• Texts in German and Spanish: This strikes me as the kind of thing that is useful in a situation which you weren’t expecting. And while I can function pretty well in German, I would be unable to speak much more than a few memorized hymns and prayers. And my Spanish has a long ways to go at this point. But I can imagine  a few situations where having just a few texts at hand (Lord’s Prayer, Creed, Benediction, etc) in these languages could come in handy.

One of the downsides to the LSB volume is that, like other CPH publications, it uses the ESV. I’ll save an evaluation of the ESV for another time, but the fact is that I have grown so accustomed to the NIV that I struggle to make good use of the ESV sections. Many of the rites are usable, but not those which I use in conjunction with the hymnal. There are hymn stanzas in the companion, but the translation is different often enough to make it awkward.

So what do I do? Lately, I’ve been keeping both books close at hand. In general, I take my CW companion on all regular shut-in calls or any situations when I know what I’m dealing with. But for sick and hospital calls, I like the flexibility of the LSB resources. I feel like I’ll have better luck finding what I’m looking for if I need to quickly thumb through the book to find a good prayer for this or that.

Another way I have used it is to prepare for my calls. I’ll use the LSB book to look up the situation I think I’m dealing with and use that to form my devotions and prayers. In that case, I might not even bring it along. But I probably will, just in case. I’ll probably keep both volumes close at hand, and use each for its advantages.

What I would really love is to have one book which was the best of both worlds (or books). My best chance of that will probably have to at least wait until 2023, when the next WELS hymnal is scheduled to be published. Hopefully we won’t have to wait 11 years after the hymnal this time. (CW was published in 1993, the Pastor’s Companion in 2004.) But I am also hopeful that some of these content and organizational benefits and advantages of the LSB Pastoral Care Companion might somehow be incorporated into a new companion.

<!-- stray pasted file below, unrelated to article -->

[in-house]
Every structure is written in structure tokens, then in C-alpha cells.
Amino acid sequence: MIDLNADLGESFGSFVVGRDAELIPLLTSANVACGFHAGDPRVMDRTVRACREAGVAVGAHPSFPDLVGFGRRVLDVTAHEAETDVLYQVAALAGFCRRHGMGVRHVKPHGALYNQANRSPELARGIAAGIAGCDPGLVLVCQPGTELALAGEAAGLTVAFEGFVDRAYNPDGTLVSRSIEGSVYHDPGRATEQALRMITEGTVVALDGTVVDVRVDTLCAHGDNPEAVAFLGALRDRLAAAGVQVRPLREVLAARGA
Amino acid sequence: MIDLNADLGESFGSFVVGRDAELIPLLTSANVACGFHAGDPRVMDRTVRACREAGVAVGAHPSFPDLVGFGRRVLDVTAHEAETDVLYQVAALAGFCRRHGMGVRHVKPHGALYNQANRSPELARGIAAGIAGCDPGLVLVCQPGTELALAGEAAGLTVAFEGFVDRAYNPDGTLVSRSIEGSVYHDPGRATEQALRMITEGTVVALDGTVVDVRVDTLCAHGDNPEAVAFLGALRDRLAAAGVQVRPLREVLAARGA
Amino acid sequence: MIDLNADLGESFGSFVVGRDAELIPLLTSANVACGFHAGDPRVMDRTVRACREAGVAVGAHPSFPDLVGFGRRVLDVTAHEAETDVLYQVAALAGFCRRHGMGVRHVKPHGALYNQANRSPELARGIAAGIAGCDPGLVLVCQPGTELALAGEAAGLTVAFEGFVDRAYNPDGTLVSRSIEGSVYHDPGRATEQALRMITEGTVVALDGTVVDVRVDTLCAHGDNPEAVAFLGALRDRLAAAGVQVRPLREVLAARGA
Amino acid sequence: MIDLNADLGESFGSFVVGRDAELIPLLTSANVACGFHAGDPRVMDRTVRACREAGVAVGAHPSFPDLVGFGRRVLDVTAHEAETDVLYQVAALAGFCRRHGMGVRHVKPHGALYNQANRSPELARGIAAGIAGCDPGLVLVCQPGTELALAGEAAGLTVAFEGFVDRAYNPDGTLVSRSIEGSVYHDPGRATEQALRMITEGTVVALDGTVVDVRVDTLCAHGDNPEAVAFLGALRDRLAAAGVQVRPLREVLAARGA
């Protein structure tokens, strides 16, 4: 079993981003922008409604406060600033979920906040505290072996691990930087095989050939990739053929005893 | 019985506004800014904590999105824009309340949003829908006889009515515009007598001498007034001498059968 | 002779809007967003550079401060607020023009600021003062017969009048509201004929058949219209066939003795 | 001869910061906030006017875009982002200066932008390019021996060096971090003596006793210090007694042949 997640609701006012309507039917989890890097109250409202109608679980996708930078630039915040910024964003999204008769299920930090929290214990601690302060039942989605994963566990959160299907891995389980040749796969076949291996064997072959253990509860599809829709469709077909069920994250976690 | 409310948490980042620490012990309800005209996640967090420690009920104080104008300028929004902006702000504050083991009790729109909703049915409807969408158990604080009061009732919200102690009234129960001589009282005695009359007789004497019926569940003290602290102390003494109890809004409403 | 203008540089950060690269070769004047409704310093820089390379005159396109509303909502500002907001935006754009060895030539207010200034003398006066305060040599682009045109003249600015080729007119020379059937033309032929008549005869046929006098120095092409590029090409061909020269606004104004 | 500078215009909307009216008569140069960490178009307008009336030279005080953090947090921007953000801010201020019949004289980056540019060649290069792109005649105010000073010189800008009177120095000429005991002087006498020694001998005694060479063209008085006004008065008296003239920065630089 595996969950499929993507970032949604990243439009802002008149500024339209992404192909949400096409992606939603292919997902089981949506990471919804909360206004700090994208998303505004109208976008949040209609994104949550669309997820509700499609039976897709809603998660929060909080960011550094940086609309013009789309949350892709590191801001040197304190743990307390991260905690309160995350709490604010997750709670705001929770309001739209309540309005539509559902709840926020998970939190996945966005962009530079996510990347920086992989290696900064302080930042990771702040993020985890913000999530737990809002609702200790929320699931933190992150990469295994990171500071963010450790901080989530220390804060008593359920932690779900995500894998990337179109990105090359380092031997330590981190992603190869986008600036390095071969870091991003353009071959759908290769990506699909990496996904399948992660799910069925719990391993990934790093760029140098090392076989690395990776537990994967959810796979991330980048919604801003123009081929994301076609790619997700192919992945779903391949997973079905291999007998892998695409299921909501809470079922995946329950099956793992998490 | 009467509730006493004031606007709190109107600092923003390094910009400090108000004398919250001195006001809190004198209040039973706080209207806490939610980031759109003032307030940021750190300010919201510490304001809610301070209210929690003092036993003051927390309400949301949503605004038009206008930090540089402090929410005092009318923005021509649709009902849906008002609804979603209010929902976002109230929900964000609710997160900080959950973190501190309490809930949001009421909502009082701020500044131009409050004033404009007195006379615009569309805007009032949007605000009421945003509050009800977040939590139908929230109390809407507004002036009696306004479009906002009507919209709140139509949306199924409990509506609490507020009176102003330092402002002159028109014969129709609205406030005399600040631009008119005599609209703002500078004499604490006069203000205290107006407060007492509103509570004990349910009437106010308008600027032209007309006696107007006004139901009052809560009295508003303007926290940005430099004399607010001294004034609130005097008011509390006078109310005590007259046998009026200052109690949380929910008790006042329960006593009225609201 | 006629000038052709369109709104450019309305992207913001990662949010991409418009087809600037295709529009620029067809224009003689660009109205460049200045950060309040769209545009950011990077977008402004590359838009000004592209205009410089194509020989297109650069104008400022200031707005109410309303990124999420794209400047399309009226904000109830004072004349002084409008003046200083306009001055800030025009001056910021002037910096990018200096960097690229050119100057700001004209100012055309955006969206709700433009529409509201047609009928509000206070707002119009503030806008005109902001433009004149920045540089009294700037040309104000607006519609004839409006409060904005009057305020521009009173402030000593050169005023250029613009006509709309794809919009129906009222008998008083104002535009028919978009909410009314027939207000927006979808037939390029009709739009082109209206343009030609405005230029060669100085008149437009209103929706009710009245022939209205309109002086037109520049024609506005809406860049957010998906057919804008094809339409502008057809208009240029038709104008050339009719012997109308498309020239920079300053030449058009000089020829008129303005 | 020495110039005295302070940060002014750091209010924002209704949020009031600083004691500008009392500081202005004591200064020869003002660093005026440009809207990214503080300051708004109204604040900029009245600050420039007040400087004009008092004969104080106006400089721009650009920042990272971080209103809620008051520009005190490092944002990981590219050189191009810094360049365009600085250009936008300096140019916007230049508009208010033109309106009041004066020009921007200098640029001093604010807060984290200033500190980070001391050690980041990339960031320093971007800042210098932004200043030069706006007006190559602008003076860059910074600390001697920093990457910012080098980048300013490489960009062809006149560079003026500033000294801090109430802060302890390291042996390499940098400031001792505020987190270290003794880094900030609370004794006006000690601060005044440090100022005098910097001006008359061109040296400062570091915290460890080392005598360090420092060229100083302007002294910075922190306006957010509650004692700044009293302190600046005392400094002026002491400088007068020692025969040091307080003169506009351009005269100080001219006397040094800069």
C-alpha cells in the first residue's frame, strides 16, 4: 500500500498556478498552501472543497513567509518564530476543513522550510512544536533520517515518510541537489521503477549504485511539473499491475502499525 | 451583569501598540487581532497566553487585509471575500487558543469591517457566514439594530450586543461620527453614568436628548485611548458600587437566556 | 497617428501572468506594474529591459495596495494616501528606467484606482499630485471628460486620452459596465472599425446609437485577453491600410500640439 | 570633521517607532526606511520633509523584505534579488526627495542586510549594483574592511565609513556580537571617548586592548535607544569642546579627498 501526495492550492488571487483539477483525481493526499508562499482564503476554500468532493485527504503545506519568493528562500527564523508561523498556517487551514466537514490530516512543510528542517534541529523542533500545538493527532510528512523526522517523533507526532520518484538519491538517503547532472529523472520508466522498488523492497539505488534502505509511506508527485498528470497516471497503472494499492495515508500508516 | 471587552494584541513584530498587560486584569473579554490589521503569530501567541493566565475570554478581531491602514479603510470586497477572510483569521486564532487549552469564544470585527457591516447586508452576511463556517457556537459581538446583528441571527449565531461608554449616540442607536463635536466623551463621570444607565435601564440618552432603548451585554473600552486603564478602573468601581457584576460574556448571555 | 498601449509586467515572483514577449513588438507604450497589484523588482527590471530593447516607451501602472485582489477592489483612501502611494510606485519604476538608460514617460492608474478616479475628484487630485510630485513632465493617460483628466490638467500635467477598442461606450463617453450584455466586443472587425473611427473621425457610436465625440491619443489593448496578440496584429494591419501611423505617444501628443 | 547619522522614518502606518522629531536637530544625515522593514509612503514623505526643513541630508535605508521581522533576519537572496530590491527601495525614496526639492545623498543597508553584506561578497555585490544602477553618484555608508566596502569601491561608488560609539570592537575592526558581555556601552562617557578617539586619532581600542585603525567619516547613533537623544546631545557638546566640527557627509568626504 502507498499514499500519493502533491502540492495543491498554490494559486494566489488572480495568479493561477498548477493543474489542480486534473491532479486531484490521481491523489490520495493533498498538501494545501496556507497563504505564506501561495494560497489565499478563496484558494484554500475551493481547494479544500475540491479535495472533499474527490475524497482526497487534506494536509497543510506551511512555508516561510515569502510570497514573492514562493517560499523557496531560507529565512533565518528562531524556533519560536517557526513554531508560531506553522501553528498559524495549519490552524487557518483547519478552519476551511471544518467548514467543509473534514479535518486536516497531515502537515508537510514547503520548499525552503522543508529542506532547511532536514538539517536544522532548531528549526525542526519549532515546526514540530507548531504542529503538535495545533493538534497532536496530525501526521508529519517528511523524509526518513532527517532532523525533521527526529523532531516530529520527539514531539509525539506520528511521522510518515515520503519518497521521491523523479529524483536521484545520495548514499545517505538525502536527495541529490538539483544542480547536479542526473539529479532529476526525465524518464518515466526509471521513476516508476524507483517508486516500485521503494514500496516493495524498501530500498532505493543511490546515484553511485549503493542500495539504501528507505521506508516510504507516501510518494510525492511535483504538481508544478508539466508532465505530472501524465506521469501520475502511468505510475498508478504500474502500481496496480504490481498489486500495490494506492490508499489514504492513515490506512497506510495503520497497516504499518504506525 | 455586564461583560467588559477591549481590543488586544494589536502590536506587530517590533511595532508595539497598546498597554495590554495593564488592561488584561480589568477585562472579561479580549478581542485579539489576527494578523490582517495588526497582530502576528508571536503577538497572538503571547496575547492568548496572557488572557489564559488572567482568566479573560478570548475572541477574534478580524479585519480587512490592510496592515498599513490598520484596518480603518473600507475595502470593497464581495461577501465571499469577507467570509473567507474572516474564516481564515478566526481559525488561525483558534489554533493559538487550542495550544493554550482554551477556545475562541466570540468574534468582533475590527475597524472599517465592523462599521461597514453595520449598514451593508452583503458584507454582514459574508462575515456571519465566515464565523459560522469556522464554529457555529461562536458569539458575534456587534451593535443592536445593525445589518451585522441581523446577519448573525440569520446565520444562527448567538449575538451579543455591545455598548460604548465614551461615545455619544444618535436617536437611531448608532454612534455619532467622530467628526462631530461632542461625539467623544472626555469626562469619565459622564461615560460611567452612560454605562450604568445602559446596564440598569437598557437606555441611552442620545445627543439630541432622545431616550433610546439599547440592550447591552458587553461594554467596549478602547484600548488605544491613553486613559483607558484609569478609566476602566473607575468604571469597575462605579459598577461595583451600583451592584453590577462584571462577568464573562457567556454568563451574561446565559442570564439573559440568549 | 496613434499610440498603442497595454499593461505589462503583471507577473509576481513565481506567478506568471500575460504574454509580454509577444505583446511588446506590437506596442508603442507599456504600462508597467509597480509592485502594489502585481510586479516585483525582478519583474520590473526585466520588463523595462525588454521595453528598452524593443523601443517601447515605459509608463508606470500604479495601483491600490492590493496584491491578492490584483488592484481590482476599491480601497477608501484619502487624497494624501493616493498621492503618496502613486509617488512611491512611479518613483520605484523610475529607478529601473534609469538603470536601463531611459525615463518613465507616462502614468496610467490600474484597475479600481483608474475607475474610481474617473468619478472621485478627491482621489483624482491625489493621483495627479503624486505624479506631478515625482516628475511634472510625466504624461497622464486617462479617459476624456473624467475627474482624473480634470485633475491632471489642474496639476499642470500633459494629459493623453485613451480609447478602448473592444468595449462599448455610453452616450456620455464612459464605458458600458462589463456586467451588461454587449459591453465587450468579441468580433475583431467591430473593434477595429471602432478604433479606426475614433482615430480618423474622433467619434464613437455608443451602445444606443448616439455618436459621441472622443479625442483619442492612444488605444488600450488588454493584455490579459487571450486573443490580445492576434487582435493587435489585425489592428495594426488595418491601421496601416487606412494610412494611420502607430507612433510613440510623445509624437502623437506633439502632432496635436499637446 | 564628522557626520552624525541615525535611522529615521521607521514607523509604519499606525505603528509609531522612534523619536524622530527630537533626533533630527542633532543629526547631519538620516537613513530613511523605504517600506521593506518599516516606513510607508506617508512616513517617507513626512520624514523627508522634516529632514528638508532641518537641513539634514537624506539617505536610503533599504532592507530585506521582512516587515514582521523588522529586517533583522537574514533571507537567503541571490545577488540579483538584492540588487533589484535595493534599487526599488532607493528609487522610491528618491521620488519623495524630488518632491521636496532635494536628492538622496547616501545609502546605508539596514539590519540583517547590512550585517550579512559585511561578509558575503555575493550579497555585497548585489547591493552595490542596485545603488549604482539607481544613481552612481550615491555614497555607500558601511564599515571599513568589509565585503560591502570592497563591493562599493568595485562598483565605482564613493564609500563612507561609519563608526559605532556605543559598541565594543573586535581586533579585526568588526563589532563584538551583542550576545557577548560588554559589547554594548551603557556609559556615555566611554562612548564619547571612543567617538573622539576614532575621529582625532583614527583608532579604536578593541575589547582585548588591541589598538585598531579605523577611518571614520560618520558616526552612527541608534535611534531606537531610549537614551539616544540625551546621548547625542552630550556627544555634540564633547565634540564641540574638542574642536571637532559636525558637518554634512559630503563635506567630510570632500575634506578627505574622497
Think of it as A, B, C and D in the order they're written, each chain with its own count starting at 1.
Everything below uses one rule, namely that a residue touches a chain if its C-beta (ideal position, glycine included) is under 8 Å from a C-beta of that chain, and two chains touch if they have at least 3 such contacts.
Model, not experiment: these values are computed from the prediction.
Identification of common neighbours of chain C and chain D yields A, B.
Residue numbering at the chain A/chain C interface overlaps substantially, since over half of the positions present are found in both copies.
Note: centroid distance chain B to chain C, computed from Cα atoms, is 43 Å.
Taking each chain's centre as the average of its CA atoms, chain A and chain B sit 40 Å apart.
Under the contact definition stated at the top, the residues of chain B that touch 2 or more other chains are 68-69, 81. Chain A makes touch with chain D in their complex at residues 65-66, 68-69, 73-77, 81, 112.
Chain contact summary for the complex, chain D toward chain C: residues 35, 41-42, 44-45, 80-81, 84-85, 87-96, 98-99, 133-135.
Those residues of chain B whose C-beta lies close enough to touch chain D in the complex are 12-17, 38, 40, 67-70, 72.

5 thoughts on “Pastoral Companions

  1. I agree about some of the hymns in the CW Companion. For example, in the rite for “Entrusting the Dying to the Lord,” the rite closes with stanzas from “Now the Light Has Gone Away.” That just doesn’t seem to fit that context at all. The LSB Companion, in that same rite, uses “Lord, let at last your angels come” from CW 434. I have also printed hymns onto 4×6 cards that I have stuck in my CW Companion. I usually just use them to sing to the person.

    As for communion, I use the longer form for “Ministry to the Sick and Homebound with Holy Communion” with my regular shut-ins. I think they appreciate a form that is similar to what they used to do when they could come to church. I have used the shorter form when they can’t read along or when they can’t stay focused.

    And the ESV, I agree that it’s not a step forward. It does resolve some of the issues with the NIV, but the trade-off is in readability. Honestly, it probably wouldn’t seem so difficult if I had ever used the KJV. Making the move from KJV (or perhaps the RSV or NKJV) wouldn’t seem backward. But I have used the NIV my whole life, and I’m not sure that it is enough of an improvement to make that shift.

    I purchased a copy of The Lutheran Study Bible, but haven’t had much time to dig into it. But now I’m thinking that it might be more useful to have those notes as a commentary in a digital format. I don’t plan on using the ESV extensively, so I’d be pretty much using it for its notes.